Niemuth, J.N, and M. K. Stoskopf, 2017.  A novel extraction method for the preparation of heparinized chicken (Gallus gallus domesticus) and horse (Equus caballus) whole blood for 1H-NMR metabolomics using Drabkin’s reagent.  Journal of Integrated OMICS 7(1):203|1-6.   DOI: 10.5584/jiomics.v7i1.203

Jennifer N. Niemuth, Joni V. Allgood, James R. Flowers, Ryan S. De Voe, and Brigid V. Troan, “Ventricular Habronemiasis in Aviary Passerines,” Case Reports in Veterinary Medicine, vol. 2013, Article ID 719465, 6 pages, 2013. doi:10.1155/2013/719465

Niemuth, J. and M. Stoskopf 2014.  Hepatic metabolomic investigation of the North American black bear (Ursus americanus) using 1H-NMR spectroscopy. Wildl. Biol. Pract., 2014; 10(1); 14-23; doi : 10.2461/wbp.2014.10.3

Dr. Cannizzo is the newest member of the Health Management Team at the Fort Worth Zoo where she, along with her colleagues there, are responsible for the health care of a very extensive and diverse collections.  Her recent publications include:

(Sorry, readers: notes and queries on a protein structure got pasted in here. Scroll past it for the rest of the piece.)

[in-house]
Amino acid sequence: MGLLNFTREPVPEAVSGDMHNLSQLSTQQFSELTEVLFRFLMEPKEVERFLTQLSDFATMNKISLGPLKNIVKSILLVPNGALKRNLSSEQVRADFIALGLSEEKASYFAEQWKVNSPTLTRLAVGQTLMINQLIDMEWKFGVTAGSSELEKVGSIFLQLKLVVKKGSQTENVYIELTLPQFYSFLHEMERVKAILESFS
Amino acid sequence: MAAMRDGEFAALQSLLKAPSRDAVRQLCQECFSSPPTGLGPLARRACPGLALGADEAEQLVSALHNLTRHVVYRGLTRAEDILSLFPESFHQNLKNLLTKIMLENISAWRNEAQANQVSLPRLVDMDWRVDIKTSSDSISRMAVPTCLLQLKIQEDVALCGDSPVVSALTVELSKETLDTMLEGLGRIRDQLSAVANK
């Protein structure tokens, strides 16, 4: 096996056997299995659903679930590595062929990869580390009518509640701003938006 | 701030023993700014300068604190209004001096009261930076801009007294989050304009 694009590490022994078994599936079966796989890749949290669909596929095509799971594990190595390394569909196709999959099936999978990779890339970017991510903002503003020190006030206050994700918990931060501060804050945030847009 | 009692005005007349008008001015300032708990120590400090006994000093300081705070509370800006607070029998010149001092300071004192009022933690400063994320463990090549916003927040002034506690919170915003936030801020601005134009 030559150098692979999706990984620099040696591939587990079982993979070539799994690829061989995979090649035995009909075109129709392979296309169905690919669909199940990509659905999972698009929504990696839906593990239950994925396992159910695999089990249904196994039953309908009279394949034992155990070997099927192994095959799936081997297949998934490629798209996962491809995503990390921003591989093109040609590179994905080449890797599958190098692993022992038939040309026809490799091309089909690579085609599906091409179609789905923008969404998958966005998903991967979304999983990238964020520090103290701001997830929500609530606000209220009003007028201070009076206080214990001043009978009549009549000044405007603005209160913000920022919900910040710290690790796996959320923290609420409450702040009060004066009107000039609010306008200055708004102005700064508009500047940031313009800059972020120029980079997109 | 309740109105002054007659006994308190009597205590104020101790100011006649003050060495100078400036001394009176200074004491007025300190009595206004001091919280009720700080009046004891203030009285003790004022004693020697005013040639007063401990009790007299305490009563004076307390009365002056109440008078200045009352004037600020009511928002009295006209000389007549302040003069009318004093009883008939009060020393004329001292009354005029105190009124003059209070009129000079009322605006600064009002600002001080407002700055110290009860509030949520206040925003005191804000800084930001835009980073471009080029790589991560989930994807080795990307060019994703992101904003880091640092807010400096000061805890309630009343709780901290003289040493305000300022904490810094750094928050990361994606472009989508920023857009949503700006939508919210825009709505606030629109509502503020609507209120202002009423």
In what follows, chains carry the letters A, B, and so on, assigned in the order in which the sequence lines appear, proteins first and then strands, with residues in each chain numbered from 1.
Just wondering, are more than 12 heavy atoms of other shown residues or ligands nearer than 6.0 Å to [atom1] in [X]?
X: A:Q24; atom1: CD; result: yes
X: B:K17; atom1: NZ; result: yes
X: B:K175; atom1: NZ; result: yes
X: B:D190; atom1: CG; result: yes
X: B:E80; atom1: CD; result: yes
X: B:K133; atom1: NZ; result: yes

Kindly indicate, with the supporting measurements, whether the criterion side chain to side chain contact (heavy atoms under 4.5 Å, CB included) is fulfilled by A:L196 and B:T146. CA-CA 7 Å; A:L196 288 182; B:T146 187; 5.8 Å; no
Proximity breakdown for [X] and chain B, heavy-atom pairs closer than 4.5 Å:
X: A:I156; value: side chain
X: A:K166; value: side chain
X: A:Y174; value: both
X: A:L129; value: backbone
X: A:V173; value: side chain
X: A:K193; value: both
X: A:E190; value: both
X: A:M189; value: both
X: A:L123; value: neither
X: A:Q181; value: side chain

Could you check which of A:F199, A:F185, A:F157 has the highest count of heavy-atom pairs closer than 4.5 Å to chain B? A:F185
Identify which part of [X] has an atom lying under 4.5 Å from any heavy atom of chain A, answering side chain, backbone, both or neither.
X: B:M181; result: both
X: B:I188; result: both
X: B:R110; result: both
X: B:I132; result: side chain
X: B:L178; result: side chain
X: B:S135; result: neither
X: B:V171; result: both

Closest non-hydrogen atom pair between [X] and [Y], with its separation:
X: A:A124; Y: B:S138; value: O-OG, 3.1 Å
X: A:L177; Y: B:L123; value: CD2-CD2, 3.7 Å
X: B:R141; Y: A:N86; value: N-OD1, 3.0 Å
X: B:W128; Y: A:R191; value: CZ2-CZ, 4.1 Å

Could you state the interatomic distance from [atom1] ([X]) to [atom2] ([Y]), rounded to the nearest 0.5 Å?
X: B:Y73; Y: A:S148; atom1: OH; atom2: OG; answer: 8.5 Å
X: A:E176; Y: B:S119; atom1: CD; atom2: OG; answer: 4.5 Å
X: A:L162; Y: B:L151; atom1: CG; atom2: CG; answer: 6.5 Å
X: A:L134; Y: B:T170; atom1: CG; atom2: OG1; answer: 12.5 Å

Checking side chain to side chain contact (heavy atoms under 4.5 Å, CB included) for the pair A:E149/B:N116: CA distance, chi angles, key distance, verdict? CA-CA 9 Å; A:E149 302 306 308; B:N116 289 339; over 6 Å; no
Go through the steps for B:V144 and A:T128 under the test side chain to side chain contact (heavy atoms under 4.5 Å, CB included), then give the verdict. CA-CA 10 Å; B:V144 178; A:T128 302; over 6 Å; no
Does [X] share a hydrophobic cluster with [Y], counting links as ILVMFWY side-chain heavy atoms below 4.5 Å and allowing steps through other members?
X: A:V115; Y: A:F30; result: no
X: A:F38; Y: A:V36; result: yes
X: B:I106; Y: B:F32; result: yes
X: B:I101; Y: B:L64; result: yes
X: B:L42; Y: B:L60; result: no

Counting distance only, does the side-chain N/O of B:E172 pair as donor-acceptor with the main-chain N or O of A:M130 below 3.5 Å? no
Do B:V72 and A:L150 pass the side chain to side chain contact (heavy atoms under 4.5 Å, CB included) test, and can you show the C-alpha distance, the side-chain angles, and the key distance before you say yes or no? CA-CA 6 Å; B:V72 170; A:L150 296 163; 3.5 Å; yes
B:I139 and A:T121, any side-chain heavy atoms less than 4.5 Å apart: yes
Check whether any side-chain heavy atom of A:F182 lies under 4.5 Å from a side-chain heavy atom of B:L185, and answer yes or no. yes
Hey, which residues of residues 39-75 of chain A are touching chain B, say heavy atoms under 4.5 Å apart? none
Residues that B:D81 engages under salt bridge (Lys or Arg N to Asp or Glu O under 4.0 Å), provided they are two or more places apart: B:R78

Cannizzo, Sarah A. Lewbart, Gregory A. and Westermeyer, Hans D. 2017 Intraocular pressure in American Bullfrogs (Rana catesbeiana) measured with rebound and applanation tonometry.  Veterinary Ophthalmology.  20:(6):526-532. doi 10.1111/vop.12463

Sarah A. Cannizzo, Jennifer N. Langan, Mark Warneke, and Matthew Allender 2016 EVALUATION OF IN-HOUSE URINE DIPSTICK, REFERENCE LABORATORY URINALYSIS, AND URINE PROTEIN: CREATININE RATIO FROM A COLONY OF CALLIMICOS (CALLIMICO GOELDII). Journal of Zoo and Wildlife Medicine 2016 47 (4), 977-983

Sarah A.Cannizzo, MarkusRick,Tara M.Harrison, Craig A.Harms 2017. Parathyroid Hormone, Ionized Calcium, and 25-Hydroxyvitamin D Concentrations in the Domestic Ferret (Mustela putorius furo).  Journal of Exotic Pet Medicine. 26(4): 294-299   doi.org/10.1053/j.jepm.2017.07.004

Cannizzo SA, Roe SC, Harms CA, and Stoskopf MK. 2016. Effect of water temperature on the hydrolysis of two absorbable sutures used in fish surgery. FACETS 1: 44–54. https://doi.org/10.1139/facets-2016-0006

 

Major Awards for Dr. Kennedy-Stoskopf